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Machine Safety

Machine Safety Machine operators are at increased risk for certain machine injuries, including amputation. OSHA provides standards of safety for machine guarding during operation and machine lockout during maintenance. The role of the occupational health nurse in machine safety is to conduct worksite analyses to identify proper safeguarding and to communicate deficiencies to appropriate personnel; to train workers in safe work practices and observe compliance in the use of machine guards; to provide care for workers injured by machines, especially in managing amputations; and to reinforce safe work practices among machine operators. http://www.deepdyve.com/assets/images/DeepDyve-Logo-lg.png AAOHN Journal SAGE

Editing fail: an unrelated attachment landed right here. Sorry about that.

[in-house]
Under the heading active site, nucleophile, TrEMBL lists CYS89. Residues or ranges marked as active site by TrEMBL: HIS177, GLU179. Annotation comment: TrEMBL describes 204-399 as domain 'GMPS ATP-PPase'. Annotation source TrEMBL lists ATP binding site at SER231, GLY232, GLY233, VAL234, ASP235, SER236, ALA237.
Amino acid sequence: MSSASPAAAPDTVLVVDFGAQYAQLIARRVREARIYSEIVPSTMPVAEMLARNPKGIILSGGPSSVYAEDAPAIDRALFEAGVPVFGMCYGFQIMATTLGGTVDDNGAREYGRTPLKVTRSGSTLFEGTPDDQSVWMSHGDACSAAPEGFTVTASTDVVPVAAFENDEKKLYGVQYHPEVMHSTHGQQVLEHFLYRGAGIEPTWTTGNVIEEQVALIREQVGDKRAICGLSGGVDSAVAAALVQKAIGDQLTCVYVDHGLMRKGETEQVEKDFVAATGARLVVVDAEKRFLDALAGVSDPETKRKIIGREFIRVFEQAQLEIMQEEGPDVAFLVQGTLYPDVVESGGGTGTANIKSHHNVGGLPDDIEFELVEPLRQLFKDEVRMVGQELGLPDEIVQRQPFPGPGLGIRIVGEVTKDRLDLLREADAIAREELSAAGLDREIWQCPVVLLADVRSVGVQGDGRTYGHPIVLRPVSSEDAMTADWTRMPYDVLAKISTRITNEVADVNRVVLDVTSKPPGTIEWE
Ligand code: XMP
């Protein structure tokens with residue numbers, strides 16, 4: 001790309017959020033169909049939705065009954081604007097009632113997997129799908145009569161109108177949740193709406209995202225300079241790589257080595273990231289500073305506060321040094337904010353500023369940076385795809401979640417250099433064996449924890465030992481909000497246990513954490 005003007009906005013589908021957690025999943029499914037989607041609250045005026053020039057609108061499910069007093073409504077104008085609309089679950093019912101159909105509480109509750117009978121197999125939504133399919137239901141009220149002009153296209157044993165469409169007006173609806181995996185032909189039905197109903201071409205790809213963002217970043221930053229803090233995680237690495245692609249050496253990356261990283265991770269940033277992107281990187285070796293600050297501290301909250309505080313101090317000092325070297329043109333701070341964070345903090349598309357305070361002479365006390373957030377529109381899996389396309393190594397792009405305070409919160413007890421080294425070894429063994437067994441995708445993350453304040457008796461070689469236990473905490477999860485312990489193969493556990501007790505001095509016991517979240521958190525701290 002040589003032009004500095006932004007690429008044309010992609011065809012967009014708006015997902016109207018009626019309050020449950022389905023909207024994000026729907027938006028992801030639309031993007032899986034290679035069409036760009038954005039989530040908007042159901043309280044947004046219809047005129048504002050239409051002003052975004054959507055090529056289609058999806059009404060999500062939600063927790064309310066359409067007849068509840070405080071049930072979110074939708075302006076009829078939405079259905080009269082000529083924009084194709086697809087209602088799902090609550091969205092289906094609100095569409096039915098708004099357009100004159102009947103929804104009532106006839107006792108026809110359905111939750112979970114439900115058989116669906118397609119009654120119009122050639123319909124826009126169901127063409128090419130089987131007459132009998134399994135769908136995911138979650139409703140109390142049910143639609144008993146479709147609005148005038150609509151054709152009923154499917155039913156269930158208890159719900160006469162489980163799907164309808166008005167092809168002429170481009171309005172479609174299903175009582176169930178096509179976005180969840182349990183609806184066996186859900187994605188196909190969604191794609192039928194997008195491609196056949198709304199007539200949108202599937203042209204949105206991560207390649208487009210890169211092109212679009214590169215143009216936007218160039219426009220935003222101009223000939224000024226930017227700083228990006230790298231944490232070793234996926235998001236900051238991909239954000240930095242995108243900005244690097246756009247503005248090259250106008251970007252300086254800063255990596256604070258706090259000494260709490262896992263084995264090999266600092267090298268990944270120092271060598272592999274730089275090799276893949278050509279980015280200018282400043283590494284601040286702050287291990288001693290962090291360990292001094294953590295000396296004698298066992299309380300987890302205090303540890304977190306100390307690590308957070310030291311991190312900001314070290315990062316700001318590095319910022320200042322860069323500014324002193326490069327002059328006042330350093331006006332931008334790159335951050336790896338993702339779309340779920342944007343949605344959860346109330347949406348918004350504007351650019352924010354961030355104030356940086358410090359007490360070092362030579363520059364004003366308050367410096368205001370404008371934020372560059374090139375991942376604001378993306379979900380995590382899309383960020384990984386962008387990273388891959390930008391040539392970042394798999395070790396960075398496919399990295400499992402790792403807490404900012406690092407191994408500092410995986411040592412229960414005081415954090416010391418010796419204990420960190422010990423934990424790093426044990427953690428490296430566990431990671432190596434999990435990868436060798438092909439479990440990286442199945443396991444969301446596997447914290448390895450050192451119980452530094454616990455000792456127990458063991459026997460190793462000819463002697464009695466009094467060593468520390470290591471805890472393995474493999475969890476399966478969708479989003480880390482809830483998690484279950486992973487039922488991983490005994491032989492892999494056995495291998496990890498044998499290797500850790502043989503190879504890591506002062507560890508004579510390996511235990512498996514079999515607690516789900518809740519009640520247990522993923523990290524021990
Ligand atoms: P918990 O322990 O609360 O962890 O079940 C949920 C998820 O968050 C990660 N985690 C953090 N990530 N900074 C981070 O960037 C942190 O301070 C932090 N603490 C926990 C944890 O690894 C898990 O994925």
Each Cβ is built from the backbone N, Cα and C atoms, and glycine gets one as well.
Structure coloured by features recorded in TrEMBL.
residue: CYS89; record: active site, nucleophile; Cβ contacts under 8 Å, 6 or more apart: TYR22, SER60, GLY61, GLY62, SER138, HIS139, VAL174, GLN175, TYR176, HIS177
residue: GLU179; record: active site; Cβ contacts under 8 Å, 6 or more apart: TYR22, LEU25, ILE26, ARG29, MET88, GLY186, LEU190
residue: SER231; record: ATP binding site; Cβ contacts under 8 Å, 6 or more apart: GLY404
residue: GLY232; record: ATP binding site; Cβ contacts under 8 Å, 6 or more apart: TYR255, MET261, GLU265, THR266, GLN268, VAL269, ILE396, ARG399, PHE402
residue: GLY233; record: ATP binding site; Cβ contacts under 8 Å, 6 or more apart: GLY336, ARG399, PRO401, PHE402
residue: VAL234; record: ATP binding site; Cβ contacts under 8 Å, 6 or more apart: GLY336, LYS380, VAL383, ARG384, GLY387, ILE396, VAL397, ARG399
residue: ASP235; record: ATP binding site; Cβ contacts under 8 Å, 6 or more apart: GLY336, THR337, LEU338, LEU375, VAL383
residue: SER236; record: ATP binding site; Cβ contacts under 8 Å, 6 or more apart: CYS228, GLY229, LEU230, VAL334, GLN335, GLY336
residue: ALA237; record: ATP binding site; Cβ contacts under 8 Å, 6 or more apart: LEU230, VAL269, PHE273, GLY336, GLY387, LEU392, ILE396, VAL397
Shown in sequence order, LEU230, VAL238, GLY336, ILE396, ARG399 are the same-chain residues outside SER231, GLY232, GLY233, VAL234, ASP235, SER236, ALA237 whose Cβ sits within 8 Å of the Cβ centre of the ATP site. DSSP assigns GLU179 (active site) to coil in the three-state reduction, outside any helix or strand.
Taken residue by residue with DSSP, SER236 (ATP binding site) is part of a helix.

Machine Safety

AAOHN Journal , Volume 40 (6): 5 – Jun 1, 1992

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Publisher
SAGE
Copyright
© 1992 American Association of Occupational Health Nurses
ISSN
0891-0162
DOI
10.1177/216507999204000603
Publisher site
See Article on Publisher Site

Abstract

Machine operators are at increased risk for certain machine injuries, including amputation. OSHA provides standards of safety for machine guarding during operation and machine lockout during maintenance. The role of the occupational health nurse in machine safety is to conduct worksite analyses to identify proper safeguarding and to communicate deficiencies to appropriate personnel; to train workers in safe work practices and observe compliance in the use of machine guards; to provide care for workers injured by machines, especially in managing amputations; and to reinforce safe work practices among machine operators.

Journal

AAOHN JournalSAGE

Published: Jun 1, 1992

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